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forward_list::begin() and forward_list::end() in C++ STL

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  • Last Updated : 16 Jun, 2022
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Forward list in STL implements singly linked list. Introduced from C++11, the forward list is more useful than other containers in insertion, removal, and moving operations (like sort) and allows time constant insertion and removal of elements. It differs from list by the fact that the forward list keeps track of the location of only the next element while the list keeps track of both the next and previous elements.

forward_list::begin()

begin() function is used to return an iterator pointing to the first element of the forward list container. begin() function returns a bidirectional iterator to the first element of the container. 

Syntax:

forwardlistname.begin()

Parameters: NA

Return Type: This function returns a bidirectional iterator pointing to the first element.

Examples:

Input  : myflist{1, 2, 3, 4, 5};
         myflist.begin();
Output : returns an iterator to the element 1

Input  : myflist{8, 7};
         myflist.begin();
Output : returns an iterator to the element 8

Errors and Exceptions 1. It has a no exception throw guarantee. 2. Shows error when a parameter is passed. 

CPP




// CPP program to illustrate
// Implementation of begin() function
#include <forward_list>
#include <iostream>
using namespace std;
 
int main()
{
    // declaration of forward list container
    forward_list<int> myflist{ 1, 2, 3, 4, 5 };
 
    // using begin() to print list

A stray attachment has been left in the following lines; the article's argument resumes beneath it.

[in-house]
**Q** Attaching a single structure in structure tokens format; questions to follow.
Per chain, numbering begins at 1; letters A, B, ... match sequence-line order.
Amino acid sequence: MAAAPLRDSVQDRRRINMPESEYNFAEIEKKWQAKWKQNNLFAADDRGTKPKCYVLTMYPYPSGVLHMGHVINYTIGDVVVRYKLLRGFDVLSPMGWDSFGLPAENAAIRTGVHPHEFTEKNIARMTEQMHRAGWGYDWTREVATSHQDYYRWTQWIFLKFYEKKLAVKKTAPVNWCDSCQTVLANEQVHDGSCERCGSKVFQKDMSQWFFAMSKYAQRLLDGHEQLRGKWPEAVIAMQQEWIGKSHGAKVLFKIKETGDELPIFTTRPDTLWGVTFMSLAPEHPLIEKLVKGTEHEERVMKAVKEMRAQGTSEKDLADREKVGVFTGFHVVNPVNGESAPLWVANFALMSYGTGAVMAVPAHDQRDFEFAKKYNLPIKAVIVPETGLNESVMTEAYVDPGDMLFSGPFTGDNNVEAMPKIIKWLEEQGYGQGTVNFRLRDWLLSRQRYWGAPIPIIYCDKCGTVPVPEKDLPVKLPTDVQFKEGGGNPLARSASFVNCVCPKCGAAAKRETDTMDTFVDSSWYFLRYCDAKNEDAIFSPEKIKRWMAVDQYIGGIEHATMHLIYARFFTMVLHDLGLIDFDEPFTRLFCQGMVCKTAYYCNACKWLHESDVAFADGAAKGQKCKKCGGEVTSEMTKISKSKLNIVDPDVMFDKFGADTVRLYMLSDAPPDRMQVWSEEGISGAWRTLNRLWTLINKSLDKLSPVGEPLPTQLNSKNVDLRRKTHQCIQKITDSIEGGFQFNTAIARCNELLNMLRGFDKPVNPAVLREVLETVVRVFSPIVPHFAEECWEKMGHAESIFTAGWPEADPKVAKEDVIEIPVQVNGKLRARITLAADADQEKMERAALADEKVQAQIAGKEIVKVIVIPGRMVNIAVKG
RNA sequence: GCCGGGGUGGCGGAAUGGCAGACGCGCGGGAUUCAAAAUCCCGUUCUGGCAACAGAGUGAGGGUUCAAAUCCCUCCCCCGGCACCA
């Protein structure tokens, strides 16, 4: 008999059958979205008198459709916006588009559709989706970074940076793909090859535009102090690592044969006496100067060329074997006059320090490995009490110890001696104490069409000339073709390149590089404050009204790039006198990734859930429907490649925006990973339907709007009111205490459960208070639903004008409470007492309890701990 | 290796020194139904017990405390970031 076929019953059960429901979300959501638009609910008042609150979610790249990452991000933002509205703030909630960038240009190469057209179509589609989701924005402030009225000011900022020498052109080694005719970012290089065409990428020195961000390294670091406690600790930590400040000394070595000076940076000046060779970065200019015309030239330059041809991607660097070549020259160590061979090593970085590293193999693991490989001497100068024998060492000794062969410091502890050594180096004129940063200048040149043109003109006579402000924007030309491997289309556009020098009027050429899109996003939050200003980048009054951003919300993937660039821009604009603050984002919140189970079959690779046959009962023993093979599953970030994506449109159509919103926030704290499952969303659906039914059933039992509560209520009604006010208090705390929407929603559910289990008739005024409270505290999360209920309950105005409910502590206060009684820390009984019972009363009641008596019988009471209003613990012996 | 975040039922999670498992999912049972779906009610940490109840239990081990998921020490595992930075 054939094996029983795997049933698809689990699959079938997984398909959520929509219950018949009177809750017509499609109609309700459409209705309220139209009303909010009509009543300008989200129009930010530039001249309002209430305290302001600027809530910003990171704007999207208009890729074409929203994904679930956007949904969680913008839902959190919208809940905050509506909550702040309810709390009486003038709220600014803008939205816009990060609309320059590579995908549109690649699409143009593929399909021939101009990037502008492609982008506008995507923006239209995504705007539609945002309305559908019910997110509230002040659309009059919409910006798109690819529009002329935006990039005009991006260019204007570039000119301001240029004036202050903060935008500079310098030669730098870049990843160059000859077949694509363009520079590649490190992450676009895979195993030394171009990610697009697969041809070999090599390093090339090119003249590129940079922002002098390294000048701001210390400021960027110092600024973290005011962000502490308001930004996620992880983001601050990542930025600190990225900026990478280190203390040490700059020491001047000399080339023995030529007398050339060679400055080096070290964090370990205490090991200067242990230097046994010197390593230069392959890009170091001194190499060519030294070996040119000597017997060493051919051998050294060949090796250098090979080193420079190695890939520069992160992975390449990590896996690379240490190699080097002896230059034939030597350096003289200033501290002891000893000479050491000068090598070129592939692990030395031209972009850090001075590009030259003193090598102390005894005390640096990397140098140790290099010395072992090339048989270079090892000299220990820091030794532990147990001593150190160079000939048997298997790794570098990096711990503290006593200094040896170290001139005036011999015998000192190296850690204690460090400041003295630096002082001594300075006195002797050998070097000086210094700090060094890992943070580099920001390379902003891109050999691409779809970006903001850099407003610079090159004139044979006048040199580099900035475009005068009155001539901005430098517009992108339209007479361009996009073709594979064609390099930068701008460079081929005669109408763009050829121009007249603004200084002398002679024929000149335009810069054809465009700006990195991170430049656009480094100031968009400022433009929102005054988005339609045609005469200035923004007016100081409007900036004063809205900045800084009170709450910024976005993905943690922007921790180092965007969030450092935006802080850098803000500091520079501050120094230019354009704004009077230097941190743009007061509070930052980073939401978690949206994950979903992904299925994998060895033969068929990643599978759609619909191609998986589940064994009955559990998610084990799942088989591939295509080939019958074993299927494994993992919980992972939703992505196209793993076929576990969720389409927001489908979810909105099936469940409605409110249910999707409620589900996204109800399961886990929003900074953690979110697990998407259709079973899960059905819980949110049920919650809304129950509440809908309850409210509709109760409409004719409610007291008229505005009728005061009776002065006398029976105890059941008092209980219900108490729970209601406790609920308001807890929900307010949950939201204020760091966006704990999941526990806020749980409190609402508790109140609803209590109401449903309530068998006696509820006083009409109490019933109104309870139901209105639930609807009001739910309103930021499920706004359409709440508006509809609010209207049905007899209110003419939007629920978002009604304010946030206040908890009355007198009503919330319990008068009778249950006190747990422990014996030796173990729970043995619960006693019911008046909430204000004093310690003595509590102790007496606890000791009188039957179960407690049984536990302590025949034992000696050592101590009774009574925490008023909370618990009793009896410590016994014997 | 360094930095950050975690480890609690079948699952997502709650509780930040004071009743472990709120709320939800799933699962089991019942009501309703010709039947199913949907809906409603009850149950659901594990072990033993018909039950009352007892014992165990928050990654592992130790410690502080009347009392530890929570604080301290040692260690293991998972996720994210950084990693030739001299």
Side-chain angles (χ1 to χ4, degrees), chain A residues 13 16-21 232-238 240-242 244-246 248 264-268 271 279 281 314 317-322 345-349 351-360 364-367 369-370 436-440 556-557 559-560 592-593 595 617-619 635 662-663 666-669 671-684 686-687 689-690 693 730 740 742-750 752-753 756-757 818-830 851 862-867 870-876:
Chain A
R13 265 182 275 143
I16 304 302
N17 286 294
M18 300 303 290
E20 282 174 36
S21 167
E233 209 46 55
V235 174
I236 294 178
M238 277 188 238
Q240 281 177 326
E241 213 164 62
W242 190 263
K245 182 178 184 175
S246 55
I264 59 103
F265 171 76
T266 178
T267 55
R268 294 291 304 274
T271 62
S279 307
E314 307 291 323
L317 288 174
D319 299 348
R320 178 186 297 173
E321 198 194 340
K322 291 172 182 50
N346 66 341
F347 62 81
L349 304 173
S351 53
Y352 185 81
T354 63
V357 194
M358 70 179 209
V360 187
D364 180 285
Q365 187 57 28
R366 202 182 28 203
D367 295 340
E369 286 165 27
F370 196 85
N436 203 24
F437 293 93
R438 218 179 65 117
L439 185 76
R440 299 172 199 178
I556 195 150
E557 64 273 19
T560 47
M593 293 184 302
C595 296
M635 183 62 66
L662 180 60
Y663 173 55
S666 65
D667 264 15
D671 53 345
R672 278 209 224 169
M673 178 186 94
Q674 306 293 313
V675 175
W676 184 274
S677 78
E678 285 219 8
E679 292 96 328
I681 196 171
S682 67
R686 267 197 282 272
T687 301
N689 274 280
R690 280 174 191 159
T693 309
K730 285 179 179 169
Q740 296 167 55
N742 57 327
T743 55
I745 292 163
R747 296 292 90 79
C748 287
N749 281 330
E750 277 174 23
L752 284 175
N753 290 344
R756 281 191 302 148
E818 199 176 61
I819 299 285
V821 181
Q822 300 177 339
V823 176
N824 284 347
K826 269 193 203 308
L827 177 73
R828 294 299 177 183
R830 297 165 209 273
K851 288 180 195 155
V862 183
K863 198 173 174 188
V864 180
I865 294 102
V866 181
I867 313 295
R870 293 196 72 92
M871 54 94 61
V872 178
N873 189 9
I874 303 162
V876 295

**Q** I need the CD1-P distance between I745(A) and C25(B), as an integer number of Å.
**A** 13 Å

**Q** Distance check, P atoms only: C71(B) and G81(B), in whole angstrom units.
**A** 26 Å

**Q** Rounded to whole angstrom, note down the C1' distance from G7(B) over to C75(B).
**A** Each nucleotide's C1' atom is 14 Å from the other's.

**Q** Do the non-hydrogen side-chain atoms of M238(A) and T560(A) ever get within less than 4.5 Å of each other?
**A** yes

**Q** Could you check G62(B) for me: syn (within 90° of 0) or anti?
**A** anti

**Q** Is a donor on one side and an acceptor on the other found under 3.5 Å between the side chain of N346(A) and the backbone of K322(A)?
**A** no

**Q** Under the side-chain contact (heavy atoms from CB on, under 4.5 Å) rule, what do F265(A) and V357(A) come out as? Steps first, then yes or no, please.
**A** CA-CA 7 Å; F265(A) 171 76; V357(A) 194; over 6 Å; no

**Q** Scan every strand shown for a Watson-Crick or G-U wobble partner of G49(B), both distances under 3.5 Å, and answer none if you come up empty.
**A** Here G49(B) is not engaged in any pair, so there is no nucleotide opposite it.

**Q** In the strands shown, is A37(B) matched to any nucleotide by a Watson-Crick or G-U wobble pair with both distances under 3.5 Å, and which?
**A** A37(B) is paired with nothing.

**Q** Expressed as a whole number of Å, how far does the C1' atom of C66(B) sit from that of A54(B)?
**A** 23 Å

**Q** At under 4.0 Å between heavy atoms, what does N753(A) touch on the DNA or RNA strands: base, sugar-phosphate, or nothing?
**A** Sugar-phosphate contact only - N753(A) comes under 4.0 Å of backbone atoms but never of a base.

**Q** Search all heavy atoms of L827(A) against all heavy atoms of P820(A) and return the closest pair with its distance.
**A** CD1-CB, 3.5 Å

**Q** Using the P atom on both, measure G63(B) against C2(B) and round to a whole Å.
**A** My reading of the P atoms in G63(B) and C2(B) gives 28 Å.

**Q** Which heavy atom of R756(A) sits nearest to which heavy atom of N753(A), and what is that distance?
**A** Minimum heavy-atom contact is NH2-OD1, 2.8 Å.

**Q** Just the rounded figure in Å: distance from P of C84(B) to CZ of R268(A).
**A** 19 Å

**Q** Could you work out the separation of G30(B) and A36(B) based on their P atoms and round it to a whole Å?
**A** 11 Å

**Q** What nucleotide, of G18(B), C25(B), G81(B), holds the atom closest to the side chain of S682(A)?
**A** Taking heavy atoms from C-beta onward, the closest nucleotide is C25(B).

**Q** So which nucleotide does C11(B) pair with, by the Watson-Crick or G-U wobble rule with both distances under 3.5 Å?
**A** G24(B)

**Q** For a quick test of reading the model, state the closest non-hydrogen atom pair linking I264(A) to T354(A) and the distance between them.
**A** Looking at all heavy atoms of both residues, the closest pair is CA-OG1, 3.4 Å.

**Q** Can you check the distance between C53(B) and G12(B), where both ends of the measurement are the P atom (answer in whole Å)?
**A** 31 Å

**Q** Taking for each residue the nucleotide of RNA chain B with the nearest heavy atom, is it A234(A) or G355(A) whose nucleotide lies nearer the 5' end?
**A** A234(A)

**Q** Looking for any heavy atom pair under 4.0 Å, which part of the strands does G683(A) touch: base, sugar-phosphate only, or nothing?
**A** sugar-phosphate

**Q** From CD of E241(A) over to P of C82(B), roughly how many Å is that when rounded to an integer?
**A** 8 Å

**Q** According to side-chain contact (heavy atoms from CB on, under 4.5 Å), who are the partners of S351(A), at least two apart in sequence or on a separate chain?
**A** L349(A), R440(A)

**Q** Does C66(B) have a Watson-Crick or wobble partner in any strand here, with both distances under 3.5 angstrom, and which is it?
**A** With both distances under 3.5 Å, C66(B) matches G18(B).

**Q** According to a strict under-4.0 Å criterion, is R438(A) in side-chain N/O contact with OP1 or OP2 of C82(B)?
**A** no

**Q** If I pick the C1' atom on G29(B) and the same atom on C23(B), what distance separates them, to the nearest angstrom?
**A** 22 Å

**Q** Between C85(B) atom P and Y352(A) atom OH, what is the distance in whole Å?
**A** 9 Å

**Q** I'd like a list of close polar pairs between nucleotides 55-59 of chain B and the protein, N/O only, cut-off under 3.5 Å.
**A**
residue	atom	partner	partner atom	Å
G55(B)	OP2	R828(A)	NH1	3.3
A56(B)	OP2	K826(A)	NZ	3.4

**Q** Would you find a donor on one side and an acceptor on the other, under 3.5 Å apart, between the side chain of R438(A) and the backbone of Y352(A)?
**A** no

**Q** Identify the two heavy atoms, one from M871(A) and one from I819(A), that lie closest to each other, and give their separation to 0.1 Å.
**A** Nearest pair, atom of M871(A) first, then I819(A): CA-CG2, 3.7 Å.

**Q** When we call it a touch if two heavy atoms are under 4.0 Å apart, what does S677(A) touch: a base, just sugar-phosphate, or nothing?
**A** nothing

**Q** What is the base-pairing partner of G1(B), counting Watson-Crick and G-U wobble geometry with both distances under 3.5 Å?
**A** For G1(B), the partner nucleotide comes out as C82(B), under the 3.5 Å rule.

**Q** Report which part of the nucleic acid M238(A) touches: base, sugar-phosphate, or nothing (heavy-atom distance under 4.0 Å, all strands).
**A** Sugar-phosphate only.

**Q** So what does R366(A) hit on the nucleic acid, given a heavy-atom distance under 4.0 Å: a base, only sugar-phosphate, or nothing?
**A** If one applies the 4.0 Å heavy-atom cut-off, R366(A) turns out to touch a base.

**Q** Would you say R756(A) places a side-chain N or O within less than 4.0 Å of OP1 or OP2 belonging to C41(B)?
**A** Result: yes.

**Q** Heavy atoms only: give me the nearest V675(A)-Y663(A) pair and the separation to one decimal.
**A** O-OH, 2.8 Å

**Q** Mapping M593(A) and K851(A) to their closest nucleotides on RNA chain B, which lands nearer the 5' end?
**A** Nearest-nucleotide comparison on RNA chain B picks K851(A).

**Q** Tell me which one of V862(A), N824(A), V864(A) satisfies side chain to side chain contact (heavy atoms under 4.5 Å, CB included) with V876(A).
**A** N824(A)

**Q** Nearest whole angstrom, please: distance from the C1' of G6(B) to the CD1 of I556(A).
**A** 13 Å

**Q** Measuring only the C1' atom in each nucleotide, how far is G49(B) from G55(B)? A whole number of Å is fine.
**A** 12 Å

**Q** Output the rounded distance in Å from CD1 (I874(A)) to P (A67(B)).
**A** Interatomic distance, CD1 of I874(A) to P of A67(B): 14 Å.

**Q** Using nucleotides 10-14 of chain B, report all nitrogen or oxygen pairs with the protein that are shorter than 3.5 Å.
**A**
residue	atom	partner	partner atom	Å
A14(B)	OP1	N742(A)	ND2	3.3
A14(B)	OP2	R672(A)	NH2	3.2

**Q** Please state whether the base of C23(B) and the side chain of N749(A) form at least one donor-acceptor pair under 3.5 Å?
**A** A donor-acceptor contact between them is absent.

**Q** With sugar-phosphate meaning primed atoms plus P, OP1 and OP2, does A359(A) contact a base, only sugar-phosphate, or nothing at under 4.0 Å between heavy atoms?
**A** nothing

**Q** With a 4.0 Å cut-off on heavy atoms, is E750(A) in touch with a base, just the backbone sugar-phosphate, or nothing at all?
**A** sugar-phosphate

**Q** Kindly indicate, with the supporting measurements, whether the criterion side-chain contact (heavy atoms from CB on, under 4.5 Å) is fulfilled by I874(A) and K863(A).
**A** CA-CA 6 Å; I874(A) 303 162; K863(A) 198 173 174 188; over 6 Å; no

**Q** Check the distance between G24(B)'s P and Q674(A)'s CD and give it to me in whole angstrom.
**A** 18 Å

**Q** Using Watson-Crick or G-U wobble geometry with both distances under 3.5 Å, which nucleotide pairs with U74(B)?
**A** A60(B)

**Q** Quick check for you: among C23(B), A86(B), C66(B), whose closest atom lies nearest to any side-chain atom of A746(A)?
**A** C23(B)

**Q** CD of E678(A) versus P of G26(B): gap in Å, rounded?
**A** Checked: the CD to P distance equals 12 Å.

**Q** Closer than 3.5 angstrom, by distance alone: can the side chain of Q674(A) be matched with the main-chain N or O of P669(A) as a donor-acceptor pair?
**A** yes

for (auto it = myflist.begin(); it != myflist.end(); ++it)
        cout << ' ' << *it;
    return 0;
}


Output:

1 2 3 4 5

Time Complexity: O(1)

forward_list::end()

end() function is used to return an iterator pointing to the last element of the list container. end() function returns a bidirectional iterator to the last element of the container. 

Syntax:

forwardlistname.end()

Parameters: NA

Return Type: This function returns a bidirectional iterator pointing to the last element.

Examples:

Input  : myflist{1, 2, 3, 4, 5};
         myflist.end();
Output : returns an iterator to the element 5

Input  : myflist{8, 7};
         myflist.end();
Output : returns an iterator to the element 7

Errors and Exceptions 1. It has a no exception throw guarantee. 2. Shows error when a parameter is passed. 

CPP




// CPP program to illustrate
// Implementation of end() function
 
#include& lt; forward_list & gt;
#include& lt; iostream & gt;
using namespace std;
 
int main()
{
    // declaration of forward list container
    forward_list& lt;
    int& gt;
    myflist{ 1, 2, 3, 4, 5 };
 
    // using end() to print forward list
    for (auto it = myflist.begin(); it != myflist.end();
         ++it)
        cout& lt;
    <
    ' ' & lt;
    <
    *it;
    return 0;
}


Output:

1 2 3 4 5

Time Complexity: O(1)

Let us see the differences in a tabular form as follows: 

forward_list::begin()   forward_list::end()
It is used to return an iterator pointing to the first element in the forward_list container. It is used to return an iterator referring to the past-the-end element in the forward_list container.

Its syntax is as follows:

iterator begin()

Its syntax is as follows:

iterator end()
It does not take any parameters It does not take any parameters.
Its complexity is constant. Its complexity is constant.
Its iterator validity does not change. Its iterator validity does not change.

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